Looking back on our childhood, it's easy to understand why. My father was a high school science teacher (biology and geology) who was an avid reader. Whenever we came home from school, he would never ask "What did you learn today?" Instead, he wanted to hear us describe what we had discovered during the course of our school day.
It's an important distinction because "What did you learn today?" makes education seem about as thrilling as eating one's vegetables. However, "What did you discover today?" provides a child with much greater incentive to observe, explore, and question everything that passes before his eyes and then personalize the newly-acquired information.
Even today, whether shopping or walking down the street, my sister and I tend to see things that most people would ignore. Is it because we're not concerned with whether or not the object offers added value or financial gain? Or did our parents teach us to treat a ride on public transit as an experience in free theatre? Did they help us discover that books can be portals into worlds we could never imagine? Or that a tasty new treat could be a feast for the senses?
All I know is that, as a child, I was acutely aware that one's ability to be served dessert with any meal rested on one's ability to contribute to the conversation at the dinner table. Needless to say, I paid attention to detail.
A curiosity that never sleeps can have a funny way of shaping one's perceptions of an experience. For some people, the highlight of this month's activities was San Francisco's Outside Lands Music and Arts Festival, the annual Burning Man gathering in Black Rock Desert, Nevada, or the Bayreuth Festival's controversial new production of Wagner's Der Ring des Nibelungen by German director Frank Castorf.
|Aleksander Denic's set design for Frank Castorf's |
production of Siegfried at the Bayreuth Festival
Some people take an Alaskan cruise during August; others may relax at the Hamptons or party on Fire Island. This year, I tried something different: surgery for the removal of a bladder stone combined with a transurethral resection of my prostate. With my imagination in full swing, the experience proved to be full of surprises and a few intensely personal discoveries.
- Few patients ask their anesthesiologist why there's a wooden rocking chair in the preoperative area. But the answer proved to be a charming one: Often, when young children are about to undergo surgery, it helps if a parent can hold the child in their arms as they rock them back and forth to sooth their nerves.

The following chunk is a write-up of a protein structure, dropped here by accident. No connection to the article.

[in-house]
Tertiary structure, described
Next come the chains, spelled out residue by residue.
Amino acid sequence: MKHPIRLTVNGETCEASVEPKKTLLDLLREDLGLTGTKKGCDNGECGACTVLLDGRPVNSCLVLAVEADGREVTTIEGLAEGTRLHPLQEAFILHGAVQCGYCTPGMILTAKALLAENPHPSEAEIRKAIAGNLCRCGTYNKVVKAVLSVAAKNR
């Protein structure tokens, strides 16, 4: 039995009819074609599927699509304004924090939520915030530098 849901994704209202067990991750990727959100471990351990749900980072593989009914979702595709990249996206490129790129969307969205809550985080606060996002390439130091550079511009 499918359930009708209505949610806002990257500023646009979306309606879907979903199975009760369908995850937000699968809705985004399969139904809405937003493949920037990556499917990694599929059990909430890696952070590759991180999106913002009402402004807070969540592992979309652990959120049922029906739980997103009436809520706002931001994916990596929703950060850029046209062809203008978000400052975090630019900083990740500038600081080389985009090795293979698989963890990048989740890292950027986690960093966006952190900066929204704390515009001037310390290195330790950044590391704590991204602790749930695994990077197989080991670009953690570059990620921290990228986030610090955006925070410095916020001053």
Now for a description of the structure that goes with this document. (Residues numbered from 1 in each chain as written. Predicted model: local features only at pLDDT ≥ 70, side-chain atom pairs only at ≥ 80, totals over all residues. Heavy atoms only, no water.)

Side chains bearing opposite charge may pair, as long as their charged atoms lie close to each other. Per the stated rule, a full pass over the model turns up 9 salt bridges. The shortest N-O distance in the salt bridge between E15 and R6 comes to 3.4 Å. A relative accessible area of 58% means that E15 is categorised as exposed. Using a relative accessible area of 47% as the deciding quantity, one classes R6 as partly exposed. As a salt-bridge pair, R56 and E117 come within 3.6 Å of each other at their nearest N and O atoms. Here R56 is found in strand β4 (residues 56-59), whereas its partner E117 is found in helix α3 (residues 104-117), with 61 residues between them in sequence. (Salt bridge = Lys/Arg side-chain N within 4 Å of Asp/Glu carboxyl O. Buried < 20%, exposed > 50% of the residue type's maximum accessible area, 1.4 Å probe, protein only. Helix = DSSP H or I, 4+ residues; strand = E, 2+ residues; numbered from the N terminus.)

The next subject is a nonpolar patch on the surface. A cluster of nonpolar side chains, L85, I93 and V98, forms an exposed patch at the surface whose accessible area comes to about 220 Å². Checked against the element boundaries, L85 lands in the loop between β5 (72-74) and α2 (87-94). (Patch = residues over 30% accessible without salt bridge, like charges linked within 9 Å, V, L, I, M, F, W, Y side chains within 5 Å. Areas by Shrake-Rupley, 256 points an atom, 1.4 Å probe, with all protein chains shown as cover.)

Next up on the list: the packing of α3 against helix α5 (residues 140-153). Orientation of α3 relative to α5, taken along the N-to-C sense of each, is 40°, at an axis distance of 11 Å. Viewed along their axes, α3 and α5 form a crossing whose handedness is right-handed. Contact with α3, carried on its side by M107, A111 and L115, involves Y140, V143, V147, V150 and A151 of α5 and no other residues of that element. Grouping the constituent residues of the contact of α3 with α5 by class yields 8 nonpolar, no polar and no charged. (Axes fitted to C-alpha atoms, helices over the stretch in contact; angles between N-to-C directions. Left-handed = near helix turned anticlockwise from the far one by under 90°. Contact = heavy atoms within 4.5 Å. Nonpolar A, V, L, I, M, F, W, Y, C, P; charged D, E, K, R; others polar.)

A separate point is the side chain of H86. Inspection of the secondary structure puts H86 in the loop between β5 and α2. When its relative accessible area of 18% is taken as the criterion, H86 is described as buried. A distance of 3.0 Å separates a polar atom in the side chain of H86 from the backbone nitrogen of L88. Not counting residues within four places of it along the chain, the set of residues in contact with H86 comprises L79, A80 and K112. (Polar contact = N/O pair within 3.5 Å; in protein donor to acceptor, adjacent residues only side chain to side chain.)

- Because the hydrocodone/acetaminophen that patients receive as a painkiller contains codeine (which can cause constipation), I had the rare joy of hearing a small, dense turd hit the bottom of my toilet bowl with the kind of ping I would expect to hear from a ceramic tile.
- Being an introvert can come in surprisingly handy if one becomes housebound while recuperating from surgery.
- Certain items which attract and amuse me in dollar stores (elongated shoe horns, extended reach grabbers, prune juice, etc.) turned out to be remarkably prescient purchases when one is home alone trying to cope with newfound physical limitations.
The biggest (and most vexing problem) seems like it might actually be a gender-related healthcare issue. Have you ever heard women complain that men can't possibly imagine the discomfort of undergoing a mammogram? Almost all of the nurses who helped me were female. They seemed to have no idea that, for men, coping with the challenges of an indwelling catheter is like having someone rubbing the tip of your penis with coarse sandpaper every time you shift position.
Trust me, the novelty quickly wears off. Initially, one might have amusing thoughts about leaving the surgical suite with a catheter installed. One might even think of Stephen Sondheim's playful lyric from 1959's Gypsy: A Musical Fable:
"You'll never get away from me.Alas, familiarity breeds contempt. Two weeks after surgery, when Mr. Catheter and I parted ways, the first song that came to mind was Barbra Streisand's rendition of "Free Again." Listen and you'll immediately know why.
You can climb the tallest tree.
I'd be there somehow.
True, you could say, 'Hey, here's your hat.'
But a little thing like that
Couldn't stop me now.
I couldn't get away from you,
Even if you told me to,
So go on and try.
Just try and you're gonna see,
How you're gonna not at all
Get away from me."
Of course, there were some rather comical complications to my healing. Five nights before I was scheduled to have the catheter removed, the frames of my eyeglasses crumpled in my hands. It's not the best way to discover the importance of having a backup pair of glasses (I did not), but it is a lesson well learned.
On the day my catheter was finally removed, it took little time for me to discover that what the nurse politely warned might be "a little bit of leakage" was more like an object lesson in marking my territory as I visited various medical offices, and rode public transit while experiencing waves of wet warmth that had absolutely nothing to do with nostalgia.
Happily, I'm on the mend, able to move around again, can even see where I'm going, and can happily get back to writing!